Senate committee passes death penalty reform bill


A state Senate committee passed a death penalty reform bill yesterday designed to streamline the lengthy appeals process, but rejected the governor's request to limit the scope of Maryland's harshest punishment.

In a 9-2 vote, the Senate Judicial Proceedings Committee passed the bill, which proponents say would reduce the time from sentencing to execution to six years.

Fourteen people are on death row in Maryland, some of whom have been there off and on for at least the past decade. No one has been executed since 1961.

The bill now moves to the Senate floor for a vote.

A companion bill is scheduled for a hearing Thursday in the House Judiciary Committee.

The bill made it through the Senate committee largely intact yesterday, except for a section in which the governor hoped to limit the ability of juries to impose the death penalty. Gov. William Donald Schaefer had proposed removing four of the 10 justifications for imposing a death sentence under state law.

In particular, he wanted to exclude arranging or committing contract killings, murders in prisons, and killings during an escape from custody.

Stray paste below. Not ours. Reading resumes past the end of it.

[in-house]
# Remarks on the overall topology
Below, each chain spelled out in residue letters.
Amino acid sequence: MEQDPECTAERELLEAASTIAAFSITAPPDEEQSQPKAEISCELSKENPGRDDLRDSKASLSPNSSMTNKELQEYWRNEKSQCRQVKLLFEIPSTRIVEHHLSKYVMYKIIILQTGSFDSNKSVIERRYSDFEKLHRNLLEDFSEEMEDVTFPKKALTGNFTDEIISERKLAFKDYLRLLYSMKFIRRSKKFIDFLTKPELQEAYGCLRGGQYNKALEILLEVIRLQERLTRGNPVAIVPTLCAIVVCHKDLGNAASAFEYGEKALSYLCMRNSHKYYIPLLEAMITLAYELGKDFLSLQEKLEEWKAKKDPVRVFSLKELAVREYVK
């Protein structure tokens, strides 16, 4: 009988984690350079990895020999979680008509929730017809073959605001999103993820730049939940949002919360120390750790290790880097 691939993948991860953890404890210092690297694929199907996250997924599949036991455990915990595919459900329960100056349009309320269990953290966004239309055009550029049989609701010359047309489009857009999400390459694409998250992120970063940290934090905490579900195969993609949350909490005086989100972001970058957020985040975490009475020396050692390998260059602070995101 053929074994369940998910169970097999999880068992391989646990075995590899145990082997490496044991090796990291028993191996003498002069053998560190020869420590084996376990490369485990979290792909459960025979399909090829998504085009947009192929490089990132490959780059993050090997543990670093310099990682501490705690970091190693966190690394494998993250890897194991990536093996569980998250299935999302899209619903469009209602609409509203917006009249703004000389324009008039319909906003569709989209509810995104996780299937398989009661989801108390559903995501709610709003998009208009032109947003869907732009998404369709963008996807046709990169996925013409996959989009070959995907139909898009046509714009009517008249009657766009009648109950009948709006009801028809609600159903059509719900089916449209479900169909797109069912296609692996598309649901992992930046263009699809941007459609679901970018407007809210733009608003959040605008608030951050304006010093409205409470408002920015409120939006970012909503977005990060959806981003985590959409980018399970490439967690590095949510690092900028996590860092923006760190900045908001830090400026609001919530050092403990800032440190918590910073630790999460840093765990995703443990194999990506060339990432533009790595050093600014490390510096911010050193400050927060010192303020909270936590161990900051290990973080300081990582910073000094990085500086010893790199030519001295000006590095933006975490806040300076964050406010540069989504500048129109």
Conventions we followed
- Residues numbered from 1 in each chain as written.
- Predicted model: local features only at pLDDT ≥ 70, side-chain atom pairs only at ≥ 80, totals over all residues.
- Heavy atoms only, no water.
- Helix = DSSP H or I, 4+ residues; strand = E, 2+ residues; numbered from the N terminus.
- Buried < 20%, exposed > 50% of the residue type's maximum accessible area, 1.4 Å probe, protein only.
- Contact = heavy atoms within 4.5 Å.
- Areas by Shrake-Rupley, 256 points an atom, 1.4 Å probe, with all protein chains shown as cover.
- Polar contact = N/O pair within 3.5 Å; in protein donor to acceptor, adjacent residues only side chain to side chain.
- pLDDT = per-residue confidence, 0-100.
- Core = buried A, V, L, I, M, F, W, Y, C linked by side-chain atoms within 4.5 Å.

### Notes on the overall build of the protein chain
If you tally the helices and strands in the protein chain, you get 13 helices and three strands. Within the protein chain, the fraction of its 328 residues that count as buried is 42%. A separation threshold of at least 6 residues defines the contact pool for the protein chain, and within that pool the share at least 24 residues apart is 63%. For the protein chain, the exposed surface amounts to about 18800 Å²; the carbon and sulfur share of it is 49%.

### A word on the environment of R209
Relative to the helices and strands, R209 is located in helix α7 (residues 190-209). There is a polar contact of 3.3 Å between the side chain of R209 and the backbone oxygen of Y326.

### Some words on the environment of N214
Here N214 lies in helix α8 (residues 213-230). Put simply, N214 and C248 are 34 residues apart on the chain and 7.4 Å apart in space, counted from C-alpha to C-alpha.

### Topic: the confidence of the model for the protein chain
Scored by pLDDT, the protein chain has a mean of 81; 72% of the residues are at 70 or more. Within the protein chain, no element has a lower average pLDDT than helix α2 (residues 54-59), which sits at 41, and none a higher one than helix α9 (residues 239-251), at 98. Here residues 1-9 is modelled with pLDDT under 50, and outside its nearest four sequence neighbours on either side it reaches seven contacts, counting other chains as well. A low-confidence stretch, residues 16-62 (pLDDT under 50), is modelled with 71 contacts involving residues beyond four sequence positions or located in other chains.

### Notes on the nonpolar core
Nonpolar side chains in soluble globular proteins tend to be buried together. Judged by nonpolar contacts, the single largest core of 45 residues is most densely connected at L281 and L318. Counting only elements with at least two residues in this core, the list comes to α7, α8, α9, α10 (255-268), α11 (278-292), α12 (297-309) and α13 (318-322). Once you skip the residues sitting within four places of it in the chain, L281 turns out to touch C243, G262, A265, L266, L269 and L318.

Six justifications for imposing the death penalty, including killing during the commission of a rape, kidnapping or carjacking, would have remained on the books.

The idea was unpopular from the start. It became even more so after a Baltimore County prosecutor complained it might save a drug lord who had paid to have two federal witnesses murdered.

Committee members quietly killed the proposal yesterday.

The majority of the bill, though, deals with reducing the time it takes to put someone to death. For instance, it would cut the time defendants have for post-conviction filings from 240 days to 90 days.

Defense attorneys have fought the limits, saying they won't provide enough time to prepare and would scare private attorneys away from death penalty appeal cases.

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